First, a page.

The history of Elos (Part 1)

The story of Elos did not start with a business plan. It started as a quest to get around a college campus that involved as little money or physical effort as possible. They say laziness is the mother of all invention…well it spawned the Elos. Basically if you can ride…then why walk?

I, Tom, began my skateboard adventures by purchasing cheap or used skateboards. But those boards were stolen or broke so often I was losing time and money trying to secure the next good deal. So as a mechanical engineering student at UCSB around 2006, I began to tinker with my own board designs. I sourced every scrap I could get my hands on for cheap or trade. This ranges from everyday house-hold stuff to aero-space material that was supposed to be used on a Boeing 787 Dreamliner.

The more exotic the material the more complicated the board designs became. Many boards toyed with advanced ideas like transforming the deck shape mid-ride to improve performance or embedded electronic systems that monitor safety. Several early prototypes, including a carbon fiber variant, still sit in my office today.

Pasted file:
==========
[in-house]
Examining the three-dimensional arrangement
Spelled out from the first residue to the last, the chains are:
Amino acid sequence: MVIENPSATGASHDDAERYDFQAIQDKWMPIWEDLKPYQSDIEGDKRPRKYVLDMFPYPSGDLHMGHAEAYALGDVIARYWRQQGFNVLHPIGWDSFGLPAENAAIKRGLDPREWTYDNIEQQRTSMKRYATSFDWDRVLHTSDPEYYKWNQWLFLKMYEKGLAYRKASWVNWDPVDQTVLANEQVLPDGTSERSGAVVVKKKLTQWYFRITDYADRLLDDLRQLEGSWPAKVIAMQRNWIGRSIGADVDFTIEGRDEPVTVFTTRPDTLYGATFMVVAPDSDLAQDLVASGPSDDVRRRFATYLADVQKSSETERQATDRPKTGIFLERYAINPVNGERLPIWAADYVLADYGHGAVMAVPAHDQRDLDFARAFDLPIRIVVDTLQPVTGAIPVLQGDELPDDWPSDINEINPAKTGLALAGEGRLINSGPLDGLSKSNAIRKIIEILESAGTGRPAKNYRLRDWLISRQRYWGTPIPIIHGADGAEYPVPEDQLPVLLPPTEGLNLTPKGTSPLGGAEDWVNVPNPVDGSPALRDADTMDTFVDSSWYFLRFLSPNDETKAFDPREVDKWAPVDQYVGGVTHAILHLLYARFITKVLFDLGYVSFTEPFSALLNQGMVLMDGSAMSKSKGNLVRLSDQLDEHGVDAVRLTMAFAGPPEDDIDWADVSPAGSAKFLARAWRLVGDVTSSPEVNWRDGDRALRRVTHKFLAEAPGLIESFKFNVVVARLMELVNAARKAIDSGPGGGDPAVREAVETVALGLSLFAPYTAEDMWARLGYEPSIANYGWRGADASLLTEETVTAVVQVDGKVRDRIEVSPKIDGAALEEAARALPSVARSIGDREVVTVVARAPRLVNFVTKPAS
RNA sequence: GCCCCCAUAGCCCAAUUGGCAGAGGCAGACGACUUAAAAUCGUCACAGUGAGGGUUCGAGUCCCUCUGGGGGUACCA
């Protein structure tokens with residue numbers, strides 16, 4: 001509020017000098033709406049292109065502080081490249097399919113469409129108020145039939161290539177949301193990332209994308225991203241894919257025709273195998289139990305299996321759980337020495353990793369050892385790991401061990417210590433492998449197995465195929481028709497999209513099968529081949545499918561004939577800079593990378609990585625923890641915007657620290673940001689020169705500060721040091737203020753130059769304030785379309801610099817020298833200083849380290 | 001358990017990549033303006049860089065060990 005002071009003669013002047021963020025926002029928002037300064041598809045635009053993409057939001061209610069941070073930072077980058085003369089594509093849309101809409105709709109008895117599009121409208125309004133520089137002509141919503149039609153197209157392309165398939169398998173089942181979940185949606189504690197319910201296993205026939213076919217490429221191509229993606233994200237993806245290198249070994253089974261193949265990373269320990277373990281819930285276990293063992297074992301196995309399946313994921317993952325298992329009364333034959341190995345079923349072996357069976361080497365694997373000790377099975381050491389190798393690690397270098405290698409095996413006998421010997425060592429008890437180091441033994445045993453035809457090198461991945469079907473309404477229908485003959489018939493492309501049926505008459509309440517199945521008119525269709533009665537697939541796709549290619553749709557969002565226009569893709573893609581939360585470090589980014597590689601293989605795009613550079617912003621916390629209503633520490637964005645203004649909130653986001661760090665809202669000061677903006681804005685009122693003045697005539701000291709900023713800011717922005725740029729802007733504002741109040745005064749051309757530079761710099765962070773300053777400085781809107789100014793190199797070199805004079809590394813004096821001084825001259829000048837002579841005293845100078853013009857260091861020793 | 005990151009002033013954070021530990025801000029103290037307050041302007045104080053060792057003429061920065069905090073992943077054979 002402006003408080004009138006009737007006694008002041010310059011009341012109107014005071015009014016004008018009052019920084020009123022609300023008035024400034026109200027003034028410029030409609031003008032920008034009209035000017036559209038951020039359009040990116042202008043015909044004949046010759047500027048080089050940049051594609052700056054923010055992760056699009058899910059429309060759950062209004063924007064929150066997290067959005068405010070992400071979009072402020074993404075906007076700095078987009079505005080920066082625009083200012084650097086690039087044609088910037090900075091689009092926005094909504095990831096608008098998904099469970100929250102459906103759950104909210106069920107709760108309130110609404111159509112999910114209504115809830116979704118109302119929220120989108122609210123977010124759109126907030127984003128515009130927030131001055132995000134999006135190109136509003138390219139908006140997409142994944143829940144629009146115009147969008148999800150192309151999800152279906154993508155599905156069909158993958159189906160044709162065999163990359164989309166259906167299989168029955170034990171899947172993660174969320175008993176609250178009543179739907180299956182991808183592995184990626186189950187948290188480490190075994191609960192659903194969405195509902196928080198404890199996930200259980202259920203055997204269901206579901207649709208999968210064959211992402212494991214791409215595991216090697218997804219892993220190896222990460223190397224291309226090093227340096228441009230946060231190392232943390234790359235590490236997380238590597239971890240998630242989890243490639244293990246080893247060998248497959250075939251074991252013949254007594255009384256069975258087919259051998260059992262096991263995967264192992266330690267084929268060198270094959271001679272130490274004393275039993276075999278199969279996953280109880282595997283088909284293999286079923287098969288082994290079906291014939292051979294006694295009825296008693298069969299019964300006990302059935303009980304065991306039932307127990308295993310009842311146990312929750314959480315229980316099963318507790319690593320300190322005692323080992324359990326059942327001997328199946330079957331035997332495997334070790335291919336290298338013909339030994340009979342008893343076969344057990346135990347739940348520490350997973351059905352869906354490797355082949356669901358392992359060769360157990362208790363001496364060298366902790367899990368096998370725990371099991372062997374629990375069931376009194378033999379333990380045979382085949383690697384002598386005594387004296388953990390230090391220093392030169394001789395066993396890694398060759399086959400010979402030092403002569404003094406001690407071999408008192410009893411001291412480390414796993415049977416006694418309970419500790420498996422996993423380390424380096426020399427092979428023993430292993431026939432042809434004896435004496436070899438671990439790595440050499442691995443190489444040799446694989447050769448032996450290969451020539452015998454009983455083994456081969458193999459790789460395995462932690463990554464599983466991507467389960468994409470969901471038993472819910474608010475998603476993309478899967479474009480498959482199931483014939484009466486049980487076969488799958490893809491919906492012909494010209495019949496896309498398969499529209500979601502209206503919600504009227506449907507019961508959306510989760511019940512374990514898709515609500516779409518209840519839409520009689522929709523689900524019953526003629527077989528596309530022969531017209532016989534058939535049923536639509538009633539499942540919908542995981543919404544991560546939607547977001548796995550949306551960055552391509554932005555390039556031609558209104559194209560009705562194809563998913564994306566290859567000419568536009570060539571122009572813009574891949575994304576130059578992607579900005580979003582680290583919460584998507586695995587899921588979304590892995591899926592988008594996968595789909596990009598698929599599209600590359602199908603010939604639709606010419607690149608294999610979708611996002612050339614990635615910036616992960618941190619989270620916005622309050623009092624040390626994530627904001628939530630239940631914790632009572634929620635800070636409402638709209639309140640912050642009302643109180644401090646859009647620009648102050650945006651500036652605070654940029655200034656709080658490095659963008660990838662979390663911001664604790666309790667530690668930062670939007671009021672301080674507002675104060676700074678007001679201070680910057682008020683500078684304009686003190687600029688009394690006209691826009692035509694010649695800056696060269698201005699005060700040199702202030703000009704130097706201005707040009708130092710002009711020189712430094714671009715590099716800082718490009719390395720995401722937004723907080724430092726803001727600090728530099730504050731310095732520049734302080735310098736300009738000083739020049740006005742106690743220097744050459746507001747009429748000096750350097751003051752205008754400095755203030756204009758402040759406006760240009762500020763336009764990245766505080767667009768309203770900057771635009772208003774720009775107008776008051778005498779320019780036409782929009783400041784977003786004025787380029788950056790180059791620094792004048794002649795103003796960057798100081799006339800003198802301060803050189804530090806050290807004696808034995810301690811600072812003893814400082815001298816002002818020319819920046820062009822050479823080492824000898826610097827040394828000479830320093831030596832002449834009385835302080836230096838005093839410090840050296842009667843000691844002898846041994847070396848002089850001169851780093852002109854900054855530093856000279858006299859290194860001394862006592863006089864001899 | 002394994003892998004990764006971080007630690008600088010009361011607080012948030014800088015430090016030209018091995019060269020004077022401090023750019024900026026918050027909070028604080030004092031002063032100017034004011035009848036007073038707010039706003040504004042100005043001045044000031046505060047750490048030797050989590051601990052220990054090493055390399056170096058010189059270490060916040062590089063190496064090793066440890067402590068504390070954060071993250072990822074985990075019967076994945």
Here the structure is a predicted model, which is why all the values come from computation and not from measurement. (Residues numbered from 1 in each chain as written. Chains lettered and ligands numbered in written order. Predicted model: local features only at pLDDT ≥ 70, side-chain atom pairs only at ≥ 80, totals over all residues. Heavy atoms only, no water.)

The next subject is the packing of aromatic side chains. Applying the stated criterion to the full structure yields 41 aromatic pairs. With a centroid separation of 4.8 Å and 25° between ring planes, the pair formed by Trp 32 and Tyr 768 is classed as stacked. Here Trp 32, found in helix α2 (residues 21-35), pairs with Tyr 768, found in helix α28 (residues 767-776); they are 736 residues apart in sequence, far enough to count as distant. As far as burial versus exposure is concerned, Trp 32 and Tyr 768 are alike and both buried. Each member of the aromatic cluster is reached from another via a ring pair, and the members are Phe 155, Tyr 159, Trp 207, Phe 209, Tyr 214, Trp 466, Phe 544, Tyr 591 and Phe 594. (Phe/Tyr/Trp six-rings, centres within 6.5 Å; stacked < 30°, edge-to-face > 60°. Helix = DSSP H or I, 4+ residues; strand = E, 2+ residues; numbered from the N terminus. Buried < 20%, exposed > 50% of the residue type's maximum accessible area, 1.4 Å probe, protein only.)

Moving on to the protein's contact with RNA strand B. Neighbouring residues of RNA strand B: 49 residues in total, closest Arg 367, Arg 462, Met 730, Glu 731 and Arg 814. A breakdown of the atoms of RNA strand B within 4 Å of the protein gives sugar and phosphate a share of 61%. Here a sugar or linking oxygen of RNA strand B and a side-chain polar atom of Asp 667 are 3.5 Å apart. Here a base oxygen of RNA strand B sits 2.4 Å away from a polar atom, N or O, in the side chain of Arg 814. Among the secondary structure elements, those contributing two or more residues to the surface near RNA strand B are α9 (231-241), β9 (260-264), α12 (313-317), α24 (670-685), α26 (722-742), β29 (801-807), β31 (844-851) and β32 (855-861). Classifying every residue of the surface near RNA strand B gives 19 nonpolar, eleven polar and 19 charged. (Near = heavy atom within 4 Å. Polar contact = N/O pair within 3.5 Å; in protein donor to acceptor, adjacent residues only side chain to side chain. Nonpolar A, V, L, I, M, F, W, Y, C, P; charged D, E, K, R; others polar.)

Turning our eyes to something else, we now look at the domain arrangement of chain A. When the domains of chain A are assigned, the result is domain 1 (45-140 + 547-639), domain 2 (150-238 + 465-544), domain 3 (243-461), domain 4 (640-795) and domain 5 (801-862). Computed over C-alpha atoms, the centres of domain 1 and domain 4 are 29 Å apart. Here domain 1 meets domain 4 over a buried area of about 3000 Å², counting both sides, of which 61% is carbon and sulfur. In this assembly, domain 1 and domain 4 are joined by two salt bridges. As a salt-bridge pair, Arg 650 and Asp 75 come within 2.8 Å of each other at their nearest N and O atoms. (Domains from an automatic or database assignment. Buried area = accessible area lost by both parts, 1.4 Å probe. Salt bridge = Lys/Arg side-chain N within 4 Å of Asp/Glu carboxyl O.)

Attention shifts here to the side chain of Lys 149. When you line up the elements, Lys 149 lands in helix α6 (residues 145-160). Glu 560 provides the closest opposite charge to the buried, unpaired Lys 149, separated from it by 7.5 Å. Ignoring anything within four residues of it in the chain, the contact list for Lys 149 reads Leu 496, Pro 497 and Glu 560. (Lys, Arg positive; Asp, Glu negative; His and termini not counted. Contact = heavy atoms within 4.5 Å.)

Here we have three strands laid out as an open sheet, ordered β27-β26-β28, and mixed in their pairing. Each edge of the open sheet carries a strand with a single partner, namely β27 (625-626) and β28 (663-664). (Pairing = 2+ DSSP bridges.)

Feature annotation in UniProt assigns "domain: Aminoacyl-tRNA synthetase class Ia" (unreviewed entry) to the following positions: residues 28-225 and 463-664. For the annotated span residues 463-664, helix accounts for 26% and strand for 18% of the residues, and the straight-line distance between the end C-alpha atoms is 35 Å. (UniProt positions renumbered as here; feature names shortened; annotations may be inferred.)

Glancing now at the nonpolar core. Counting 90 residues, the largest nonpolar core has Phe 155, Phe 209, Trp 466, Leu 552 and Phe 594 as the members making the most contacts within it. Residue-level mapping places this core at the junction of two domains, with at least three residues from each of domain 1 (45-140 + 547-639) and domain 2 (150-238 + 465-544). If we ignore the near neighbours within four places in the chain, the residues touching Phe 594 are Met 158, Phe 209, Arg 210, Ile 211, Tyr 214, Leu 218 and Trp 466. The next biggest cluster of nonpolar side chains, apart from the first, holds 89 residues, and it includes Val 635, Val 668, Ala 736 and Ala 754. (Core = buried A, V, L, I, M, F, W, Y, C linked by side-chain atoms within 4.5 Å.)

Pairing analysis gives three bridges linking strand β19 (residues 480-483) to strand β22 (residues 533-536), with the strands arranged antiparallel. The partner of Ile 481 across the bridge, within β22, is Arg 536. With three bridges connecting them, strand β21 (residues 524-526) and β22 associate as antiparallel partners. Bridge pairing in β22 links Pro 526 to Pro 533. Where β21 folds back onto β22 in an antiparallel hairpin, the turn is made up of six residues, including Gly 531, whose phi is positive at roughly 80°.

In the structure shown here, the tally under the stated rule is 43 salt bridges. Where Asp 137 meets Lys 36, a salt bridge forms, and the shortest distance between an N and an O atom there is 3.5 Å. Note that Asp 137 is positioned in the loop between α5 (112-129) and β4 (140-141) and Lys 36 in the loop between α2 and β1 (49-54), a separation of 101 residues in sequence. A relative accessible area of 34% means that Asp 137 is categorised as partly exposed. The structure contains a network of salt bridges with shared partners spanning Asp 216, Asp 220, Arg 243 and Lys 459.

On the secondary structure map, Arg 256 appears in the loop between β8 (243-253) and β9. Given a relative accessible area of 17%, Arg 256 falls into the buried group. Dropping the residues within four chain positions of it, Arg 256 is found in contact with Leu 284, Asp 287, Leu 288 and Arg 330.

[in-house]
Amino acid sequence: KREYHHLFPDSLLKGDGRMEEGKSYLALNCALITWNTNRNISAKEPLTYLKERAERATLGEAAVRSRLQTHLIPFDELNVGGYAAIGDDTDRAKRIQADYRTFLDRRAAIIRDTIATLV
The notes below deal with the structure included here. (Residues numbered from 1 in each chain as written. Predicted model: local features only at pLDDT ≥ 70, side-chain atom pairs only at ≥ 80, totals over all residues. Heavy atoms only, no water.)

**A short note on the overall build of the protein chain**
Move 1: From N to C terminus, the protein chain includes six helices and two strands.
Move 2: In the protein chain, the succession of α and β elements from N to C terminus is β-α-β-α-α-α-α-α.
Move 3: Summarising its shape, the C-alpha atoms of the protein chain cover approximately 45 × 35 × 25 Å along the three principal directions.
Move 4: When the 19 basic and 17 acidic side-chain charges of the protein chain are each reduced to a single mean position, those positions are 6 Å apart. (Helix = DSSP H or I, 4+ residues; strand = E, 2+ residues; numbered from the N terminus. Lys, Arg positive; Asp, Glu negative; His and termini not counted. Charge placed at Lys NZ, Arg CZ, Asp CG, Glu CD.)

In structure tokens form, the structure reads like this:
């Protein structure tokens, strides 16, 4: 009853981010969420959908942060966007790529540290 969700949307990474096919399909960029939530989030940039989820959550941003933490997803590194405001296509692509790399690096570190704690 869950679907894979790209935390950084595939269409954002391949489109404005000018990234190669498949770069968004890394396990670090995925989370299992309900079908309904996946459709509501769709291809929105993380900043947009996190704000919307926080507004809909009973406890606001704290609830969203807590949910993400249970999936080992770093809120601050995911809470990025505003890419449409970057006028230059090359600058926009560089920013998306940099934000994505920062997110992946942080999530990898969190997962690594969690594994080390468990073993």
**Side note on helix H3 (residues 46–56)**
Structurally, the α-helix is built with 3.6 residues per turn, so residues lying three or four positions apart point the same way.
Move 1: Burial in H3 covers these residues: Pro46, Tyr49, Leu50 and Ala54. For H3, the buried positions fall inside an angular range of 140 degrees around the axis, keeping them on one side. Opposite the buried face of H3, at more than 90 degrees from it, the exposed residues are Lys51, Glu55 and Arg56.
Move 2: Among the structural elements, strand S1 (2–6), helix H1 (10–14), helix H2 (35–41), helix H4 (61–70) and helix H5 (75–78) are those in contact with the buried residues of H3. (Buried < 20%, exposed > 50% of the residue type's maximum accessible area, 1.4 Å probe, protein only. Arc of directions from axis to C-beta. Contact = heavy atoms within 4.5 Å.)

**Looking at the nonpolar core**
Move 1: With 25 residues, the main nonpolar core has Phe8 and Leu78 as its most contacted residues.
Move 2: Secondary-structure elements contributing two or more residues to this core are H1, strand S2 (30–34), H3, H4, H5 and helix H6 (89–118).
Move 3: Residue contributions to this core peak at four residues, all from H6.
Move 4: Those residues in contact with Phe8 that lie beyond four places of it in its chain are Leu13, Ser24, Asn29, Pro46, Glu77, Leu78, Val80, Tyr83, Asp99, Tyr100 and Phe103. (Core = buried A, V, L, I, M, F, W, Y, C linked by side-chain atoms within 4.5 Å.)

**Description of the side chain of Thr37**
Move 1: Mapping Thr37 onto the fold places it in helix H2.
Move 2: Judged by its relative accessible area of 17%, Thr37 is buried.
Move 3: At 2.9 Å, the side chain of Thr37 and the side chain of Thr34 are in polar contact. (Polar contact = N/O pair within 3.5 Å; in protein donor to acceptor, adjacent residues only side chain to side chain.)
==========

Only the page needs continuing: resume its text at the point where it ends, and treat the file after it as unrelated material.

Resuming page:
Over time I became known as “that guy” with a new funky skateboard every month. Eventually, others began to ask if they could try my neoteric board and teach them how to ride. So my prototyping shifted from personal interest to making something anyone could learn in 30 minutes or less. With most skateboards on the market aimed at extreme sports or downhill runs, not much was out there for people to learn on or use for daily commutes.

After making boards for friends and family, I believed a real business could come out of this. I pursued a Master’s in business, specifically technology and innovation management, to round out my engineering degree and spent a year in Denmark studying design. After finishing studying I devoted a larger part of my time working on what would become Elos. I bootstrapped the early prototypes and with the help of my friends (including now wife Spring) I launched 20 early boards at the Maker Faire in the Bay area.

Around 80% of those boards sold during the fair but more shockingly, we were suddenly flooded by messages and emails asking about the board by the friends of people who purchased at the fair. So we took the next logical step… abandoned all hope of having a normal life and embarked on the first steps that would solidify Elos as a real company.

Coming soon: Part 2 — from maker to crowdfunder

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